Sinclair Wetlands, Dunedin
Nestled amongst the farmland of the Taieri Plains, just outside of Dunedin, the Sinclair Wetlands is a cool place to visit if you’re into bird watching and low-key lake / pond views. It’s a peaceful spot — we visited on a holiday weekend in October and it was completely deserted! Keep reading to find out more about this off the beaten path place in (or very close to) Dunedin.
Getting to the Sinclair Wetlands
The Sinclair Wetlands are located a little way off the main road between Dunedin and Milton. To get there, turn down Phosphate Road or Henley-Berwick Road and follow the signs. Just before arriving at the car park there’s another little viewing area, and from there it’s a short drive to the main area. You can camp at the car park ($8 per person, or $12 for a powered site). There are a few information panels and a place to donate your gold (this is a privately-run conservation area, so every dollar counts).
Sinclair Wetlands Walking Tracks
The Pond Loop
This is the first track you’ll come to – it takes you around a pond area and the views are awesome on a clear, still day. This was the wettest part of the track and our shoes got soaked – I guess we should have worn hiking shoes!
After doing the Pond Loop Track the main track continues towards Lonely Island and Ram Island. They aren’t islands in the traditional sense, but they do allow you to get above the wetlands for some nice views. The first one you’ll reach is Lonely Island – it’s a short climb to the top where you’ll get (almost) 360-degree views. There’s a picnic table at the top too – this would be a serene place for a picnic!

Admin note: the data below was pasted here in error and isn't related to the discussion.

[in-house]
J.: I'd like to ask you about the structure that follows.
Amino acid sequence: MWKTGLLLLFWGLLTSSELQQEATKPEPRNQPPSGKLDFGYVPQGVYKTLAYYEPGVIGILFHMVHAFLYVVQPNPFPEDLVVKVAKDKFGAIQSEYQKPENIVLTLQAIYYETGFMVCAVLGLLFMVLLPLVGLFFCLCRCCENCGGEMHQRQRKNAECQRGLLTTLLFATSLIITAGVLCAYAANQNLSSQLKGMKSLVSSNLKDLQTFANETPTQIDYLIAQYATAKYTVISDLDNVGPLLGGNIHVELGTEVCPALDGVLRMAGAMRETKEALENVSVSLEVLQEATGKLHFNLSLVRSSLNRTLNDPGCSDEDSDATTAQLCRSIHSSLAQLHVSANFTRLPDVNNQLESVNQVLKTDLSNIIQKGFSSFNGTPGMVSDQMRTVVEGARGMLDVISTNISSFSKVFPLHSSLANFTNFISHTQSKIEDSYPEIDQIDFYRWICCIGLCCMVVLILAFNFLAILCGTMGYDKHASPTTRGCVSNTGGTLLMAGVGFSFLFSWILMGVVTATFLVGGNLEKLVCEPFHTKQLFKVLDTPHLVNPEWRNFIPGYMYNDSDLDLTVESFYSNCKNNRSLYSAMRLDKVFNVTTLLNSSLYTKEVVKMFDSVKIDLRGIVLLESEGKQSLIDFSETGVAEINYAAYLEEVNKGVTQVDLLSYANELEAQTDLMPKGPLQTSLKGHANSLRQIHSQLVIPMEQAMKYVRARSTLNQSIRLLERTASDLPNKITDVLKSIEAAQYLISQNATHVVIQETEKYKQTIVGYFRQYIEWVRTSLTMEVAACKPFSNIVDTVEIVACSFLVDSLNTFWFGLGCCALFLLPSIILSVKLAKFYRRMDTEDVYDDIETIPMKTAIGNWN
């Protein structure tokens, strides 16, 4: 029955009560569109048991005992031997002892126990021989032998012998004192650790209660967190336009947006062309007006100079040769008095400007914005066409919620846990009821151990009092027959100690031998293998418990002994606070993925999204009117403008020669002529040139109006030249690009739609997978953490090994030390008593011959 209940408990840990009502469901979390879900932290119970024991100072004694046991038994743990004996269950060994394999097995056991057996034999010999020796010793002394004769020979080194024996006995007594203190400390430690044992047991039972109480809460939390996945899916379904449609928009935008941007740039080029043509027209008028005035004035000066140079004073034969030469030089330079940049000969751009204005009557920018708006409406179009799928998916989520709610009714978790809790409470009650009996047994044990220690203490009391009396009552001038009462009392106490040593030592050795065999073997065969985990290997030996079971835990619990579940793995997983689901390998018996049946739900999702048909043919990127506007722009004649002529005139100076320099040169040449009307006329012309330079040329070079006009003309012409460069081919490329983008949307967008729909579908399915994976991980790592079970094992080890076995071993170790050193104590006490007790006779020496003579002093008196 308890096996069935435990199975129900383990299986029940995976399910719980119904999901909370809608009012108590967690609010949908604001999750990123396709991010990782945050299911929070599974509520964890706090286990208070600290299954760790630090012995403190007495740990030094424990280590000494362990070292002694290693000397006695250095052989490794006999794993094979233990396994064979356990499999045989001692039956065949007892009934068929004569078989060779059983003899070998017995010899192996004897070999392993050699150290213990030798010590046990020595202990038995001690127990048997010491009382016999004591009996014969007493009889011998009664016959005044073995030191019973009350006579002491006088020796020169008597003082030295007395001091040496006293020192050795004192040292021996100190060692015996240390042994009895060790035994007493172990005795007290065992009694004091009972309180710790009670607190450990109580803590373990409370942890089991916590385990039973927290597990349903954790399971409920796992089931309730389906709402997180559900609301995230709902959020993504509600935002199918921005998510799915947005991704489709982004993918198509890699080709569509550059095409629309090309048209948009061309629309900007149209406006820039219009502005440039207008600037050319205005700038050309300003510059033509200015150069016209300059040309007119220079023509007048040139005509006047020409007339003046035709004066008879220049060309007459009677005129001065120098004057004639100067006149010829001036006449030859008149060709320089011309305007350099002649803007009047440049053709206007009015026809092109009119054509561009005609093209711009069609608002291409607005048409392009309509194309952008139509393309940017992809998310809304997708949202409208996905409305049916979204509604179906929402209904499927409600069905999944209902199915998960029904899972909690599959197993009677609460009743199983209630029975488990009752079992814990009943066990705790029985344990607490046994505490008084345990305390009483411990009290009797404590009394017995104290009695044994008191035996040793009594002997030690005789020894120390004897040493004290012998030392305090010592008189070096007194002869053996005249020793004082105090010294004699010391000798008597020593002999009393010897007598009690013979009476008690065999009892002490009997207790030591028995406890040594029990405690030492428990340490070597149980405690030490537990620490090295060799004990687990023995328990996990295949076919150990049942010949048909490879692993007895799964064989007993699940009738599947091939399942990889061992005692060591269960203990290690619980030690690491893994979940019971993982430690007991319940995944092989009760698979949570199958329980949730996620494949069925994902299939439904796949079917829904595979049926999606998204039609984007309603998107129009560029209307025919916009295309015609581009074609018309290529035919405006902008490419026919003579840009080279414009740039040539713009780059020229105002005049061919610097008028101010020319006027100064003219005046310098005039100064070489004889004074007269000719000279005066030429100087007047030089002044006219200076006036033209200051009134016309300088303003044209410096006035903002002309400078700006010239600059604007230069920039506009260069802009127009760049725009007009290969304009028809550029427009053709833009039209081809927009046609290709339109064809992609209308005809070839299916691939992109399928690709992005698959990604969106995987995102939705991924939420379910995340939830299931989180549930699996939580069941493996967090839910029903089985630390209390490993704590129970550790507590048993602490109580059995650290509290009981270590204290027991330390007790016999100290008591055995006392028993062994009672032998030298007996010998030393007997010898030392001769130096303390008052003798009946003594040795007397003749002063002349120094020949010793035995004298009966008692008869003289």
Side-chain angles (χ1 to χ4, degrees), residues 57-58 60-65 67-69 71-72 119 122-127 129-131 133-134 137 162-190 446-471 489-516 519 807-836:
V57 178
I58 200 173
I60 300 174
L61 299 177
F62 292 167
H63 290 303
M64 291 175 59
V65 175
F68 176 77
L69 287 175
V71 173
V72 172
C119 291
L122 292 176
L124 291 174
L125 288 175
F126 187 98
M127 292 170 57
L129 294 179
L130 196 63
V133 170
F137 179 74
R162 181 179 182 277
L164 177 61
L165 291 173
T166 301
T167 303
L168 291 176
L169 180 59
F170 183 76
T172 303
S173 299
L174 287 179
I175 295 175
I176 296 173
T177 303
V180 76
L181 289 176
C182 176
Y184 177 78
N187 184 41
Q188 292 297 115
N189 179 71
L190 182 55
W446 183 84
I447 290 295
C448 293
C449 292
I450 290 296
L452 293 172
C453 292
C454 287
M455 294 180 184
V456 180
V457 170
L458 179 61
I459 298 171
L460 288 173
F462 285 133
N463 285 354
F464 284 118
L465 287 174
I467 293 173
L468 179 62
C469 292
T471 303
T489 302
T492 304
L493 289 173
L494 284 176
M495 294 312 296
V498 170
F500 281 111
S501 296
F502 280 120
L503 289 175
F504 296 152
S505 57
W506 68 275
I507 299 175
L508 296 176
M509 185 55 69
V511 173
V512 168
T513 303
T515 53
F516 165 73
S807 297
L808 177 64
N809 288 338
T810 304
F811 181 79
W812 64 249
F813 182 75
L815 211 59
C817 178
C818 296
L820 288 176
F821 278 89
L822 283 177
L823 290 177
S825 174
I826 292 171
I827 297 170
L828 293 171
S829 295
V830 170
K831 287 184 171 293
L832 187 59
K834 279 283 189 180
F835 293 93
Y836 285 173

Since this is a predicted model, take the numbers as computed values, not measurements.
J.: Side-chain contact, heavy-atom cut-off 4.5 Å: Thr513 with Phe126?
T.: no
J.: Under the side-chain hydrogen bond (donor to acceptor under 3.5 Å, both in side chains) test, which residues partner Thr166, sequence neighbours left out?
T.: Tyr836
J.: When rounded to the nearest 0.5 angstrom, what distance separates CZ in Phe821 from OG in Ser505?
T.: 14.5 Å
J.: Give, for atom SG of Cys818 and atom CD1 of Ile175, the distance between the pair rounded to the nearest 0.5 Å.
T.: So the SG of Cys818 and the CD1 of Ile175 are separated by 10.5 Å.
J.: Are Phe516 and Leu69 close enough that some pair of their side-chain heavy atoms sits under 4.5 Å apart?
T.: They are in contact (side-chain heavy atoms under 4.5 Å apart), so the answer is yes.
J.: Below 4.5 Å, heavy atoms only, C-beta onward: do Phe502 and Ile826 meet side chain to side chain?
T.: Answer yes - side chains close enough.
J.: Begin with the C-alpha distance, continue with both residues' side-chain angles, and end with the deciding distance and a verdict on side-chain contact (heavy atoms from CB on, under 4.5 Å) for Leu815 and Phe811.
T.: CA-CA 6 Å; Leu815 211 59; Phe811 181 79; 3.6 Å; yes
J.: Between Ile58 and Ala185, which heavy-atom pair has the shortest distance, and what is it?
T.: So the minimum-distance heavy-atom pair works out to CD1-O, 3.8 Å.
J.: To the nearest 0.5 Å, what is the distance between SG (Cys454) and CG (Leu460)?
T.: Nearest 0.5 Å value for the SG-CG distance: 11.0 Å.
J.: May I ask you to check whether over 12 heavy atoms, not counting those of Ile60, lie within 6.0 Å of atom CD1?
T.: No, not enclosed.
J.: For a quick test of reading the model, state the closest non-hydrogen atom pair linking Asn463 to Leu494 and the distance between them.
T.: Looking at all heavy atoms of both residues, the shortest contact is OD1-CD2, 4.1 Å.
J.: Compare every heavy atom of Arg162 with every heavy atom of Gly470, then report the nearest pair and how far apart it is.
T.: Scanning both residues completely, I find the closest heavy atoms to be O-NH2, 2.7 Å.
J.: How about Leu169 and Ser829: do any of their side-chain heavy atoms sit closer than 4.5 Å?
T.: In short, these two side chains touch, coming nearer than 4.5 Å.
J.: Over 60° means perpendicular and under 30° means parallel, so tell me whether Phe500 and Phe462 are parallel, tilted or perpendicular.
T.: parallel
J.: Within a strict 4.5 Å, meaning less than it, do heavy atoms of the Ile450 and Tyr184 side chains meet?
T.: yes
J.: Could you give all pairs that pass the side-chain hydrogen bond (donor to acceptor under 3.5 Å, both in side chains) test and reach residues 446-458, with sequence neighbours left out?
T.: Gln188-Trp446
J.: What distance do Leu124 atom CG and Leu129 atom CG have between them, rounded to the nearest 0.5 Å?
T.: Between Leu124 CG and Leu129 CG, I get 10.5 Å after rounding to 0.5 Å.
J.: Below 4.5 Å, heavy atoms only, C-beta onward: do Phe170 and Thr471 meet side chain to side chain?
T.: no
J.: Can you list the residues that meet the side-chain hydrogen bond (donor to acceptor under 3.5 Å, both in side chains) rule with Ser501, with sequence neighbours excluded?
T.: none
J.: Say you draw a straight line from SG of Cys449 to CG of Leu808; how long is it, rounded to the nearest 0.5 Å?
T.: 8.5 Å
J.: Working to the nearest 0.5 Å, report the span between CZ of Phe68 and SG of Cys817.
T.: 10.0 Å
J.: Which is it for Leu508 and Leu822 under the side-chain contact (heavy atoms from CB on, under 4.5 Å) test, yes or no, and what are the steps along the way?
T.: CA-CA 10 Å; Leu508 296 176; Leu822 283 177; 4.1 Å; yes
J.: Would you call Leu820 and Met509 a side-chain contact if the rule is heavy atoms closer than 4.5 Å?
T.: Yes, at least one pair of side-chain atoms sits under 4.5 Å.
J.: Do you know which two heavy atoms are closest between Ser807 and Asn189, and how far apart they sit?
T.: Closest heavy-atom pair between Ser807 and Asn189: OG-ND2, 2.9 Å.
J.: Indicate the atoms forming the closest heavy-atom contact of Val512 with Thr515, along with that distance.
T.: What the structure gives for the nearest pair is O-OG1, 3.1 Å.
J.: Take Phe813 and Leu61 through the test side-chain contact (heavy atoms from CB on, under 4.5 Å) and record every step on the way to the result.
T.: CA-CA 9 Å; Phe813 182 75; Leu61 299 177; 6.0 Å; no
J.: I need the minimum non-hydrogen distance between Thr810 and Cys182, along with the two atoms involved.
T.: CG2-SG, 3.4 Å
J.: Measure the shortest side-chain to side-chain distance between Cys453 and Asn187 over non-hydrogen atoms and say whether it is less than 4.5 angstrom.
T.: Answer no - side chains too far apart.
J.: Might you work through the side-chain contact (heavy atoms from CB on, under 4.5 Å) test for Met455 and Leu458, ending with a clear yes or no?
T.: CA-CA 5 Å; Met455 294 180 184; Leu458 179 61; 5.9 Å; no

After heading back down to the main track you’ll soon reach Ram Island. Again, it’s a short climb to the top but there’s a little more to see on this island. There are more great views in most directions and there’s another picnic table at the end. And that’s pretty much it – you’ll head back to the car park the way you came.
READ MORE: 30 Fun Things to Do in Dunedin
What about the Birds?
Sinclair Wetlands is most famous as a haven for birdwatchers. We saw a few birds (mostly ducks) but didn’t get any good photos. Personally, these kinds of birds (ducks, herons etc) aren’t particularly interesting so we weren’t too fussed about seeing them all / getting good photos.
Other Things to do Nearby
You can check out Lake Waihola, journey to Crystalls Beach or drive to Waipori Falls or Berwick Forest. We drove to Waipori Falls but the road was closed towards the end. It was only another 1.5 km, so we parked up and walked, only to discover that the track to the falls was also closed! The articles I saw online about Waipori Falls never mentioned this, so hopefully you see this before trying to go there.
Are you planning a trip to Dunedin? Check out my other posts!
Latest posts by Jon Algie (see all)
- Hiking the Tavora Reserve Track, Coastal Otago - June 1, 2020
- Slope Point: The Southernmost Spot on the South Island - May 27, 2020
- Purakaunui Falls, the Catlins - May 24, 2020